Life Looks Rosy 30 Years After Heart Transplant at Mount Sinai

When Lore Schoenfeld, now 84, celebrated the 30th anniversary of her heart transplant, her husband, Karlheinz whom she calls Karl, showered her with red roses. Sixty-six of the brilliant blooms, to be precise. “Thirty of the roses were from Karl and three dozen from our children,” explains Lore.

With so many flowers she wanted to share the joy. The next day, at her local support group picnic with Mended Hearts, Lore handed a rose to every person who attended.

The fact that Lore has survived for more than 30 years after her heart transplant is remarkable. The median life expectancy after a heart transplant in 1991, when Lore received hers, was 8.6 years, says her doctor, Maya Barghash, MD, Assistant Professor of Medicine (Cardiology) at the Icahn School of Medicine at Mount Sinai. “In that cohort of people, fewer than 25 percent are alive at 20 years.”

Lore works hard to keep healthy. Until COVID-19 hit, she went several times a week to the nearby hospital gym to use the treadmill, stationary bike, and other equipment. “I became friends with the other patients there,” she says.

And she is careful about her nutrition. “I don’t cook with salt anymore,” she explains. “I cook without salt, then I take my portion out of the pot, and then I finish cooking for the rest of the family, using a little salt,” she says. But not too much. “If they want more, they can put it on themselves,” she explains, adding that they usually don’t add much seasoning. At first, Lore missed the salty flavor. “Now I’m used to it,” she explains.

Dr. Barghash points to these efforts to explain Lore’s longevity. “Lore is probably one of my best patients. She’s just so incredibly on top of her health. I've never seen anybody who keeps such meticulous records every single day. She writes down her blood pressure, her heart rate, her weight, and she takes all of her medications.”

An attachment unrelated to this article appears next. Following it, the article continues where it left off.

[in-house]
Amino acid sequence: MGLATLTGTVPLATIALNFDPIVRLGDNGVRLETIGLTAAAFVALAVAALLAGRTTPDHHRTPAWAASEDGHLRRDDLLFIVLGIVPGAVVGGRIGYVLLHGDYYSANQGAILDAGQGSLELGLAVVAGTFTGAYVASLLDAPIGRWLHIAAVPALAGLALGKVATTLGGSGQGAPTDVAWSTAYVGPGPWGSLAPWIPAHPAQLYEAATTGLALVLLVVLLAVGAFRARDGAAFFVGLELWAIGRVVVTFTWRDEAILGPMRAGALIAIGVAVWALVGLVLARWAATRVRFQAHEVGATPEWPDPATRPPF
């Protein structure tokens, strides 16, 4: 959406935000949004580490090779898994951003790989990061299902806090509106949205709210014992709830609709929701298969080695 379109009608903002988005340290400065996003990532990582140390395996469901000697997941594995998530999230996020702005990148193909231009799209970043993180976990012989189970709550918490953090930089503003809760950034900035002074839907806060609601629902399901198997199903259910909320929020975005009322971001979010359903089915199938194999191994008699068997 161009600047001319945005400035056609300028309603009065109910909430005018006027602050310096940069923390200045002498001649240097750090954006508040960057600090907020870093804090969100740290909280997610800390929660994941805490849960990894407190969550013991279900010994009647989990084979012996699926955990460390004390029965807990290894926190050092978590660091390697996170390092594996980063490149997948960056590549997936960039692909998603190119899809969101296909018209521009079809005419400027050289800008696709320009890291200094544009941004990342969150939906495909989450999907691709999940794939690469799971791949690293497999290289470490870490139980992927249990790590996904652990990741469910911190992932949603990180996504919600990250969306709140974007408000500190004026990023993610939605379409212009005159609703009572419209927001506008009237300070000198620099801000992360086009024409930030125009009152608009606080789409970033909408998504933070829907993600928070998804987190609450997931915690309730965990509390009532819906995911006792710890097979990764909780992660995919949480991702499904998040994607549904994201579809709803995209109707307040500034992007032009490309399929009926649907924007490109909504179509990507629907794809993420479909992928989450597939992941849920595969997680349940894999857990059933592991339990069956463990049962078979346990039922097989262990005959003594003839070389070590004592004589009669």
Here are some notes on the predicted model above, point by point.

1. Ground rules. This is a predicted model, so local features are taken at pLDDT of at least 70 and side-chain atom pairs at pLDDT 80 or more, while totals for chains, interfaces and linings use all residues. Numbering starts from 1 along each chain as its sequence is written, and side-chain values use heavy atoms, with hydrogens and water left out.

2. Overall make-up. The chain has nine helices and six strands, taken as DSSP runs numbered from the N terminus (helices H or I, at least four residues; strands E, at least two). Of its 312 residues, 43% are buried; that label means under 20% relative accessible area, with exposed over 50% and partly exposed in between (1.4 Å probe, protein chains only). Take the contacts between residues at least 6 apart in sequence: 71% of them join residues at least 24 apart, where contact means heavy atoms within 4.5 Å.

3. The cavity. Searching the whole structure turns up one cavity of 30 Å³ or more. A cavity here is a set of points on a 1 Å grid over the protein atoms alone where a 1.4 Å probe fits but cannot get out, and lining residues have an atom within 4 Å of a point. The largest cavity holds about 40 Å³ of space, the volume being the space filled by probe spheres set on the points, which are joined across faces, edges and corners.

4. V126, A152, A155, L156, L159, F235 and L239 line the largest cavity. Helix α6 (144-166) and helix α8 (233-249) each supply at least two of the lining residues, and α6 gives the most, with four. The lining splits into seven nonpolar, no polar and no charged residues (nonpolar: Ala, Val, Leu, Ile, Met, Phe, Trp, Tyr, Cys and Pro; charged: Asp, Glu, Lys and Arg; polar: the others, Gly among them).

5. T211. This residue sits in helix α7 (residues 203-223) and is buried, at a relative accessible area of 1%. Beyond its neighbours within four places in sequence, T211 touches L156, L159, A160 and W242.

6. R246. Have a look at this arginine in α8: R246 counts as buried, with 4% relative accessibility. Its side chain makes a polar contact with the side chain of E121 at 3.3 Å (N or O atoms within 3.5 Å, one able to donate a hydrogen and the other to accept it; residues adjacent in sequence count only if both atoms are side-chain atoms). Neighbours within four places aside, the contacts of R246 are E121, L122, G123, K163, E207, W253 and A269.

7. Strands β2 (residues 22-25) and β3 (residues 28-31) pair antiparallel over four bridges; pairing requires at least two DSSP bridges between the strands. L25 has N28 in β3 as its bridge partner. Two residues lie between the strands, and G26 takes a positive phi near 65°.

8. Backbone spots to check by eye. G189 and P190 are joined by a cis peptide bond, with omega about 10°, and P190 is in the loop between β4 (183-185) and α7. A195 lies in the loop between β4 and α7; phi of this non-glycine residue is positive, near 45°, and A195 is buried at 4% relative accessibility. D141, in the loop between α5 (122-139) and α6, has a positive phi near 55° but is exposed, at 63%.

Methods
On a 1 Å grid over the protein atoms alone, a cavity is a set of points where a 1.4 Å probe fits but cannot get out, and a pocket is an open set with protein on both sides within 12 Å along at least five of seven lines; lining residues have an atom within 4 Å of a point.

Lore also notes any adjustments she makes; if her weight is a little higher, she might adjust her pills, and she records all of that, Dr. Barghash explains, adding, “She requests that all blood-work results are communicated with her so she can keep a record of them.” Lore also communicates regularly with her doctors, letting them know if anything feels the slightest bit off. “This way, we can address issues as they come up, which is essential after receiving a heart transplant,” says Dr. Barghash. “Diligence, adherence with medications and follow-up care, and open communication between the patient and their medical team are the keys to success after heart transplantation.”

For her part, Lore credits her Mount Sinai team. “My doctors and nurses are all wonderful,” she explains. “And I got a young heart, which really helps.” Studies show that receiving a heart transplant from donors under age 40 are associated with better outcomes.

Before the transplant, Lore was quite ill: “My husband had to push me up the stairs; I could barely walk.” But once she recuperated, Lore was back to her old self. “I was running up and down the stairs, not just walking.”

She got back to some of her favorite activities, singing German folk songs and cooking for her husband and loved ones. “Cooking makes me happy,” she says. Karl appreciates it too. “What makes her happy makes me happy,” he explains.

That joy is apparent to Dr. Barghash. “Lore and her husband are just so in love with each other and so dedicated to each other.”

The past 30 years have been full of joy. Lore has spent plenty of time with her three daughters and son, who visit regularly from their homes in New Jersey, Brooklyn, and the West Coast. When the family gets together—and sometimes when it is just the two of them—Lore sings, accompanied by Karl on the accordion. The couple has taken several trips to Germany and even a cruise through Europe. Lore is also very involved with the local German club. “I used to help make 700 pounds of potatoes every year for Oktoberfest,” she says. Recently, she has stepped back and is just helping to peel the potatoes—almost a third of a ton of them.

Lore and Karl have slowed down a bit over the years, but are looking forward to many more healthy years of singing and sharing salt-free food with friends and family.